The Children’s Commissioner for England

Children's Commissioner, Anne Longfield promotes and protects the rights of children, especially the most vulnerable, and stands up for their views and interests.

The Children’s Commissioner for England is Anne Longfield OBE.

She speaks up for children and young people so that policymakers and the people who have an impact on their lives take their views and interests into account when making decisions about them.

Independent of Government and Parliament, the Children’s Commissioner has unique powers to help bring about long-term change and improvements for all children, particularly the most vulnerable.

She does this by first gathering evidence: talking to children and young people, requesting information from public institutions and then carrying out research and compiling information on the wide range of things that affect children’s lives.

She is the ‘eyes and ears’ of children in the system and the country as a whole and is expected to carry out her duties ‘without fear or favour’ of Government, children’s agencies, and the voluntary and private sectors.

She also provides advice to children who are in or leaving care, living away from home or working with social services through her advice line, Help at Hand.

“I want all children to have the brightest future possible. I will advocate for positive change for all children and particularly those who are most disadvantaged.” – Anne Longfield, Children’s Commissioner for England.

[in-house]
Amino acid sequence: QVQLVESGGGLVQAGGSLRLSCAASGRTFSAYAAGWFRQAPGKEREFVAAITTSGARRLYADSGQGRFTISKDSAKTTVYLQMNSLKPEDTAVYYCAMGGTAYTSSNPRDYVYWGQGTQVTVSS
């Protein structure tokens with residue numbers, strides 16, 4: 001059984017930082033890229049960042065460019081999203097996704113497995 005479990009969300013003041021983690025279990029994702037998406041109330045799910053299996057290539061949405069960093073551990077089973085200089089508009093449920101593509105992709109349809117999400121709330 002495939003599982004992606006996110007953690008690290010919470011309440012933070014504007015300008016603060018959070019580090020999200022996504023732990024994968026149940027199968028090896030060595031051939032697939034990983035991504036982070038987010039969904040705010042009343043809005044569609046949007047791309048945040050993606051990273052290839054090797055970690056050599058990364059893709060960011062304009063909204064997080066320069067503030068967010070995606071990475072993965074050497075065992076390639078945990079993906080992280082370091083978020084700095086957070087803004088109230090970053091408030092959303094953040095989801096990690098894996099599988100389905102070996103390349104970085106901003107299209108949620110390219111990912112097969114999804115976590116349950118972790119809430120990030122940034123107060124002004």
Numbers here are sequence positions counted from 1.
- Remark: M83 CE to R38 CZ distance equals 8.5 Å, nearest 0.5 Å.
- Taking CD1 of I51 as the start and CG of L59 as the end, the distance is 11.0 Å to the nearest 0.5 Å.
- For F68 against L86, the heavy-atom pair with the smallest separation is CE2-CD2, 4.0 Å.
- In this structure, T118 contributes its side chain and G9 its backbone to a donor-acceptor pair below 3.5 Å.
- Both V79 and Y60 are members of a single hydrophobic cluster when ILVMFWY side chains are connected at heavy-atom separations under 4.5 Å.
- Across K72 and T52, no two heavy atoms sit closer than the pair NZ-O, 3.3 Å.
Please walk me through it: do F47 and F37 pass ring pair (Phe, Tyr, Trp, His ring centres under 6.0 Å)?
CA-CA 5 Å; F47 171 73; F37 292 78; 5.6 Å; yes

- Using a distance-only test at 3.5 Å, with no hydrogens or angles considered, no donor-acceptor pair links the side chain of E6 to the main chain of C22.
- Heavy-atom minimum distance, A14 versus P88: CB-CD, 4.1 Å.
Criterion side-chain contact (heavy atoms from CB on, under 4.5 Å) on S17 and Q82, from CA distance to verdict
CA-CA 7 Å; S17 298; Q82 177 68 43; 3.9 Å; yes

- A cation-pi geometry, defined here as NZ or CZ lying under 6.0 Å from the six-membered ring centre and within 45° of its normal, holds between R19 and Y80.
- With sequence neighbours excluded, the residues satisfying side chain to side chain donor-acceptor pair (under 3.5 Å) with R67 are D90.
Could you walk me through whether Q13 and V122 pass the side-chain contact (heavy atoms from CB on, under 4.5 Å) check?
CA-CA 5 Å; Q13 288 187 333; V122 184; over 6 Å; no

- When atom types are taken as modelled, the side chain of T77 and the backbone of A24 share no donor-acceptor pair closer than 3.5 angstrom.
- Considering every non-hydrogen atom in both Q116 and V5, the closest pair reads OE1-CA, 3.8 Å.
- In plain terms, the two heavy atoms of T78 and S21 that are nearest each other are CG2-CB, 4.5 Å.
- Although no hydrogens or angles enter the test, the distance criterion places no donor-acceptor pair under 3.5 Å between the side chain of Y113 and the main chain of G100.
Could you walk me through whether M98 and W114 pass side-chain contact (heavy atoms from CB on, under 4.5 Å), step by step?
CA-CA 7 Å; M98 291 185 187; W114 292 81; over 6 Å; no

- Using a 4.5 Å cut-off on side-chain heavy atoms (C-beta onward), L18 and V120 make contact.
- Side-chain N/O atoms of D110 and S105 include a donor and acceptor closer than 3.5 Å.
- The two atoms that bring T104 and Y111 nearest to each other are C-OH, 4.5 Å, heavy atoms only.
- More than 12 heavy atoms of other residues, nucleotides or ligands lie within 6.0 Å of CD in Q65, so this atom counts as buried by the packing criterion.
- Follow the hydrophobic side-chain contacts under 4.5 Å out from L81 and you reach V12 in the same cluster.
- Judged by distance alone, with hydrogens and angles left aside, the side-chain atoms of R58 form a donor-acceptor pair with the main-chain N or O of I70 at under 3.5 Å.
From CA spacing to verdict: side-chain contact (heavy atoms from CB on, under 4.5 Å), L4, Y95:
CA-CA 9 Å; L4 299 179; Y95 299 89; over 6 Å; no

The history of the Children’s Commissioner for England role

The post of Children’s Commissioner was created following a recommendation made by Lord Laming in the Victoria Climbie Inquiry. The role was initially established under the Children Act 2004 which gave the Commissioner responsibility for promoting awareness of the views and interests of children. The Commissioner’s statutory remit includes understanding what children and young people think about things that affect them and encouraging decision makers to always take their best interests into account. Her unique data gathering powers and powers of entry to talk with children and gain evidence, enable her to help bring about long-term change and improvements for children, particularly the most vulnerable.

The Children and Families Act 2014 further strengthened the remit, powers and independence of the Commissioner, and gave her special responsibility for the rights of children who are in or leaving care, living away from home or receiving social care services. She also speaks for wider groups of children on non-devolved issues including immigration (for the whole of the UK) and youth justice (for England and Wales).

As well as a team of staff, the Commissioner is supported by an advisory group, an audit and risk committee and children’s groups, stakeholders and specialists.

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